Trust, But Verify Your Open Source Software

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Last month, Coverity reported that the defect density in open source projects has gone below the level of proprietary enterprise software for the first time. The number of defects in open source C/C++ projects was 0.59 defects/1000 lines of code, while the same metric for proprietary enterprise software is 0.72. This is great news for those of us who believe that open source software has better quality code than even the best of proprietary software. (It must be added that this is only for C/C++ code – most of which is in mature projects such as the Linux kernel.)

While the security of open source can surpass proprietary software, not all open source projects are created equal. The Heartbleed Bug has painfully demonstrated this fact. Just because a project is open source, doesn’t mean that it is immune to vulnerabilities. Vast chunks of open source projects don’t get sufficient eyeballs necessary to reduce the code defects. In fact, the project demographic statistics on Ohloh, The Black Duck Open Hub, show that 90% of the open source projects are either inactive or have very low update activity. If you are using one of these inactive projects, without paying sufficient attention to what’s under the hood, you could be risking major security vulnerabilities.

 Open Hub Project Demographics

Source: Ohloh, The Black Duck Open Hub Project Demographics

Here are some best practices to keep in mind when using open source components in mission critical applications:

  1. Make sure you use the latest version with all the patches: Research done by White Source Software states that 85% of the projects analyzed use outdated open source libraries. This is a big risk. Keeping the code constantly updated with all patches is a big challenge. Companies like Microsoft, Oracle, Apple, and Adobe have built a strong regime for distributing the updates. However, most open source projects don’t have a strong update infrastructure. Thus, it is your responsibility to make sure that you are on top of all the security patches. Since the bug fixes in open source are immediately disclosed, unpatched software runs a big risk of criminals making use of these vulnerabilities after it is made public.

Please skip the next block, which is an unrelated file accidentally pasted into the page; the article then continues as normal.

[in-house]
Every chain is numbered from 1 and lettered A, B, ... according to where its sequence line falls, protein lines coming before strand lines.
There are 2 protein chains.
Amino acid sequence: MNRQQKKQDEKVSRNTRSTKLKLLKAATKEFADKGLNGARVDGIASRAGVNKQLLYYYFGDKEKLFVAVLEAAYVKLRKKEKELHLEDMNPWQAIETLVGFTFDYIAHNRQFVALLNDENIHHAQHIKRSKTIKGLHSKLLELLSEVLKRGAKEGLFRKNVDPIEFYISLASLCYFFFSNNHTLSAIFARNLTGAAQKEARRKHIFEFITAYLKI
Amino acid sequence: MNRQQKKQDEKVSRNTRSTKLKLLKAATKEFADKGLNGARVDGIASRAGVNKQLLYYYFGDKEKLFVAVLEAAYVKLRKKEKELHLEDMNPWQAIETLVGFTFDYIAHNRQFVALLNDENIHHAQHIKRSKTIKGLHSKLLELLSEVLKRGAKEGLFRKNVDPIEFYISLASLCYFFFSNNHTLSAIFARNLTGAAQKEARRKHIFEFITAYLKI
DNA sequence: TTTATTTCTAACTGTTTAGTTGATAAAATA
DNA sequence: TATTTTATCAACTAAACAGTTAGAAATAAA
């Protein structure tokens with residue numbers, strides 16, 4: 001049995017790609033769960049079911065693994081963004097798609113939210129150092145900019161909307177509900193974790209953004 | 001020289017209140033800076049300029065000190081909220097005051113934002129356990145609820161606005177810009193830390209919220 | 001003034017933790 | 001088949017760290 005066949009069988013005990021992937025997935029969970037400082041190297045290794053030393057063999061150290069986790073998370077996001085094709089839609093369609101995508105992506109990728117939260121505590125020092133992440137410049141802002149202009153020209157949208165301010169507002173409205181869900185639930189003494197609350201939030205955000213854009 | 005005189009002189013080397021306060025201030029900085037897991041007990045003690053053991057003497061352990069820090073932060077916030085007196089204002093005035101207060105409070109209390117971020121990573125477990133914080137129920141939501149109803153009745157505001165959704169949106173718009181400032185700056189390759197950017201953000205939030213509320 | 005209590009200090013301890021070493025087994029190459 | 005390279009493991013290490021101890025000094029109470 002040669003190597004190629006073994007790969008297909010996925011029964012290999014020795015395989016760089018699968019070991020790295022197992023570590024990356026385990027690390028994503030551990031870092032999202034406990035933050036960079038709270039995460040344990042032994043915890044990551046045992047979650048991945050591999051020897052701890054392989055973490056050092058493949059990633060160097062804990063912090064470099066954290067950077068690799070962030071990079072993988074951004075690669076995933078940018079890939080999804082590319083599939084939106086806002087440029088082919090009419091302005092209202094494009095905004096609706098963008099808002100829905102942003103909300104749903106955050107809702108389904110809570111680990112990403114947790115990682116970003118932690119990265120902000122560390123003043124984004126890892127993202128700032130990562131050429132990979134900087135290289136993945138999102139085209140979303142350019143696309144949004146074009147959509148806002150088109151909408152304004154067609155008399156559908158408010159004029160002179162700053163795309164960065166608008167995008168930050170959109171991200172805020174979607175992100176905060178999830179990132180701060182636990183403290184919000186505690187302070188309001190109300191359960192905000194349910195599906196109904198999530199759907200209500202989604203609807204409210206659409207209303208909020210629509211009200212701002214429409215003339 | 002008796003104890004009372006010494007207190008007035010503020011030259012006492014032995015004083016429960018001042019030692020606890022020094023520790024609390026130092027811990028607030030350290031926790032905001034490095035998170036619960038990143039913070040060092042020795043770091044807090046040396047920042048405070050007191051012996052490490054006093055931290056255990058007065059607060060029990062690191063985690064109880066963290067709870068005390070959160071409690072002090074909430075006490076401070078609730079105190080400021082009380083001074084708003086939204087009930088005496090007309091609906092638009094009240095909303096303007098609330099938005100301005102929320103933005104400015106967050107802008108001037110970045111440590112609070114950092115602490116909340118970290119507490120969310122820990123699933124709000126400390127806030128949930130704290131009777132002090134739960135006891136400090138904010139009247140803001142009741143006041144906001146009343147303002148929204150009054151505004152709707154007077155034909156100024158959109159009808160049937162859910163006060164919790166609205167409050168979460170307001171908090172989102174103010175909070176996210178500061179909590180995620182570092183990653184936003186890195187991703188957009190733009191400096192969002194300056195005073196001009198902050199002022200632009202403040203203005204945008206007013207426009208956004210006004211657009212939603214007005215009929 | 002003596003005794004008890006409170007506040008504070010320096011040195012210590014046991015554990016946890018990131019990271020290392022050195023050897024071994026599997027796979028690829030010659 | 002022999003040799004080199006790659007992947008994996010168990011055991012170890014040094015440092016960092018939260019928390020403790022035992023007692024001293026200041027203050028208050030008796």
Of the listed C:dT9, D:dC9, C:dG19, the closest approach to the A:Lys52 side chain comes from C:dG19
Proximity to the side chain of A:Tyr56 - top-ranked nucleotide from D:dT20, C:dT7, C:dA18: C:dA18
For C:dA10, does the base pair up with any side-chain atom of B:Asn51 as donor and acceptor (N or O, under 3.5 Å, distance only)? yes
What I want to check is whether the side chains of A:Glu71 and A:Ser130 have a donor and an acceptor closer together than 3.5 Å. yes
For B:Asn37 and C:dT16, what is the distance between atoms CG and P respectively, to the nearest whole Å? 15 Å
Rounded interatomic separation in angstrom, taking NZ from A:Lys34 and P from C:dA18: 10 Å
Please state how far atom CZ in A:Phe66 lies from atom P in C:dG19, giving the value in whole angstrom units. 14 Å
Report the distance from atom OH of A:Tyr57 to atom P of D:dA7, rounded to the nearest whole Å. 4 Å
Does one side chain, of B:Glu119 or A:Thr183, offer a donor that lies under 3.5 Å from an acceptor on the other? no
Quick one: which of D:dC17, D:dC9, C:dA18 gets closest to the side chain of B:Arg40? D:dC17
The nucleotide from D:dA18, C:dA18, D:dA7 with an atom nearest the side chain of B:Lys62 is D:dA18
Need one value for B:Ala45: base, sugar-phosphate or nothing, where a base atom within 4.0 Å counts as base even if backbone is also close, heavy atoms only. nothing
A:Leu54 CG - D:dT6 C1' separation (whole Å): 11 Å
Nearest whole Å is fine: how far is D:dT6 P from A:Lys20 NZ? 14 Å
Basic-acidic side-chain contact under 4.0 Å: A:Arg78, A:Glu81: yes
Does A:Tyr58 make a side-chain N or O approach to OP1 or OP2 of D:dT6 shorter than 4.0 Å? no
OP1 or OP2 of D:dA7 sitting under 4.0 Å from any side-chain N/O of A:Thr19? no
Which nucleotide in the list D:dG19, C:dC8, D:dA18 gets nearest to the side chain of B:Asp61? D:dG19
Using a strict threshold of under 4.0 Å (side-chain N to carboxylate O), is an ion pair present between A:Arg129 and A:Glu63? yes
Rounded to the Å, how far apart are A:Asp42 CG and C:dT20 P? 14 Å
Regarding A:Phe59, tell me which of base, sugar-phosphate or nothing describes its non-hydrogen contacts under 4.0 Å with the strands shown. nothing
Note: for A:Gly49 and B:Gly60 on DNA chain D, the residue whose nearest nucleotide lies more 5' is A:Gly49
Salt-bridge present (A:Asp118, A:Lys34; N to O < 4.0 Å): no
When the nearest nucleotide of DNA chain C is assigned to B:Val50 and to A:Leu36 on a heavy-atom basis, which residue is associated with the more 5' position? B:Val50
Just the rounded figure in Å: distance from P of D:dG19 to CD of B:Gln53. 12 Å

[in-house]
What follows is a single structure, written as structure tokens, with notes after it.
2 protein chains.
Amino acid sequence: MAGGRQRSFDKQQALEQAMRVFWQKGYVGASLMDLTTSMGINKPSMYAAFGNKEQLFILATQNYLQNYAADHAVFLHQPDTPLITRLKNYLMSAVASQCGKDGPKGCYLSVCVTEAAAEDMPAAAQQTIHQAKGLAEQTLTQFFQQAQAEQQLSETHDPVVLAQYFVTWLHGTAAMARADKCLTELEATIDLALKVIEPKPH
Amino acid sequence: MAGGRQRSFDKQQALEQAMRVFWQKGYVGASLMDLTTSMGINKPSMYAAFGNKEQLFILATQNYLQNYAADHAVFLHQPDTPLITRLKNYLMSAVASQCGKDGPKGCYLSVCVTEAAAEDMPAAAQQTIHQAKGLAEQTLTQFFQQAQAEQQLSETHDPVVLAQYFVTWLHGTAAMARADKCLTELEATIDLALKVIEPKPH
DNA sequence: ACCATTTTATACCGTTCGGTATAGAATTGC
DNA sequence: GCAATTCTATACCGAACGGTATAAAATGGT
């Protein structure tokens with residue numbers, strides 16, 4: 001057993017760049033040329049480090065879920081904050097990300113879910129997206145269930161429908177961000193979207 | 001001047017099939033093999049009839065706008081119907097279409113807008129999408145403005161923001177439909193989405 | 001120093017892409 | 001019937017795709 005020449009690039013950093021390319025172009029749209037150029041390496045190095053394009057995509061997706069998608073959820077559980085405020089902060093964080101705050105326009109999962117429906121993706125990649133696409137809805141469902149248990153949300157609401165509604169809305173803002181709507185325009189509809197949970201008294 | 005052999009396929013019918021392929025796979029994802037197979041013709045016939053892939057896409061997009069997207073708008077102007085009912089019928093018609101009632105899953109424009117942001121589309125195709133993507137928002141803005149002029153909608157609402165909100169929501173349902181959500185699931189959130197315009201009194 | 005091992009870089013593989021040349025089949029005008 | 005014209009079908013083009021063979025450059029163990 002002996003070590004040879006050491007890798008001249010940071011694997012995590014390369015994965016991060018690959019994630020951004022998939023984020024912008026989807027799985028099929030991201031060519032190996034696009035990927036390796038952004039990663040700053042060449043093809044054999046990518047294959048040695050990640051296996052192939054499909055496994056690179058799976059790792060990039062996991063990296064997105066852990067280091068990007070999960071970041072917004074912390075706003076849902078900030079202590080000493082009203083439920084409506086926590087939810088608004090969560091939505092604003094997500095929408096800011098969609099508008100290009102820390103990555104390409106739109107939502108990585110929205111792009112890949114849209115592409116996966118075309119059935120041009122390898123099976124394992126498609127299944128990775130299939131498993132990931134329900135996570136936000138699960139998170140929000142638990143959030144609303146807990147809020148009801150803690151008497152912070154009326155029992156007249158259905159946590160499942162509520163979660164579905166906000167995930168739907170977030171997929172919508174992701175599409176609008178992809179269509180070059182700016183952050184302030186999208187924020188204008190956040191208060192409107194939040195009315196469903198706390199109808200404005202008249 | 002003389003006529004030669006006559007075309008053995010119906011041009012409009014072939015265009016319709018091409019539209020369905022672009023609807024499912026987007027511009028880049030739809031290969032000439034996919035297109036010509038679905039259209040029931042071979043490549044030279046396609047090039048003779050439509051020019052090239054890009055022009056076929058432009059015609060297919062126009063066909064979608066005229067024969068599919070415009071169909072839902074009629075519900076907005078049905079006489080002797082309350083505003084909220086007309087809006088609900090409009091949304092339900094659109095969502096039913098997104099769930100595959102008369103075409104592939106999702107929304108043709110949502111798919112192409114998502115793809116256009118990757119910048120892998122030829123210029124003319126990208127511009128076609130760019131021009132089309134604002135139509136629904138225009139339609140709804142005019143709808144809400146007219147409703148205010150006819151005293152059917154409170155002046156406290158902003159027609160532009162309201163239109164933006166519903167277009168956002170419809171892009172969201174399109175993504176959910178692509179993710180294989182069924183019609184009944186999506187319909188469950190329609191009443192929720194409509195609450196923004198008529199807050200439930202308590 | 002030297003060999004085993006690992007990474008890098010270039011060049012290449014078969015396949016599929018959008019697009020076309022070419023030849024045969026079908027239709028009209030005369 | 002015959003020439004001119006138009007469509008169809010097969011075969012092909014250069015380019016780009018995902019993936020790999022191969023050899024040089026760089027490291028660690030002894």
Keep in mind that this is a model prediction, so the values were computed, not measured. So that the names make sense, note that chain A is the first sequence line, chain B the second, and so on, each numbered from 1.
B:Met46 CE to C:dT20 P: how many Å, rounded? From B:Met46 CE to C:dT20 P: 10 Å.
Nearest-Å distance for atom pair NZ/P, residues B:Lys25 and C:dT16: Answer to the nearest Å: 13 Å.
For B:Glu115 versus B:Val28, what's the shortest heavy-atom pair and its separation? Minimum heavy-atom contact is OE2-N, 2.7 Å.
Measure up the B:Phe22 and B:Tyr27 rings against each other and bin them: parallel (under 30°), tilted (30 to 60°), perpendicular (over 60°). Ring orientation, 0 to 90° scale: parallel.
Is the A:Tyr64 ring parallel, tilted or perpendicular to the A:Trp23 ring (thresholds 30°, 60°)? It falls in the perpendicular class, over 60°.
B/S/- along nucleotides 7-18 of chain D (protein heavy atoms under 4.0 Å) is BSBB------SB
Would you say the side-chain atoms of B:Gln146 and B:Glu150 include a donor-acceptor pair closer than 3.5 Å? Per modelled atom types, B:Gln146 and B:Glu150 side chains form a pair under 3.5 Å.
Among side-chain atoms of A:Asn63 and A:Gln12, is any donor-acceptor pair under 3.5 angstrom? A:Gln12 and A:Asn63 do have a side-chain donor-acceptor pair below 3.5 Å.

2. Monitor community activity: Pay close attention to how active the community is and how frequently updates are made. An active developer community around the project typically means better support and better code quality. If the project is inactive, be prepared to do a lot of heavy lifting in-house.
  3. Know who is behind the project: Dr. Ian Levy, technical director at a top UK intelligence agency, has this piece of advice: Being able to evaluate the security of software relies heavily on having knowing the developers and having some insight into their future plans for the software. The security evaluation is about the developer relationship, it’s not about source code.
  4. Audit the code: If the project is not updated often, you should consider doing a deep security audit to explore the vulnerabilities. There are professional tools that look for major security defects. Chances are that many critical security patches from related components might not have been applied in an inactive project.

Open source software can be quite secure, especially when it comes to mature projects like the Linux kernel and Apache HTTP server. However, you can’t take security for granted. While it is true that many eyeballs can make all bugs shallow, not many projects have enough hands or eyeballs to support them. Also, not all eyeballs are equally talented in debugging code and providing fixes. You must remember to stay on top of all the security updates, as the infrastructure to distribute automatic security patches can be non-existent for most open source software.

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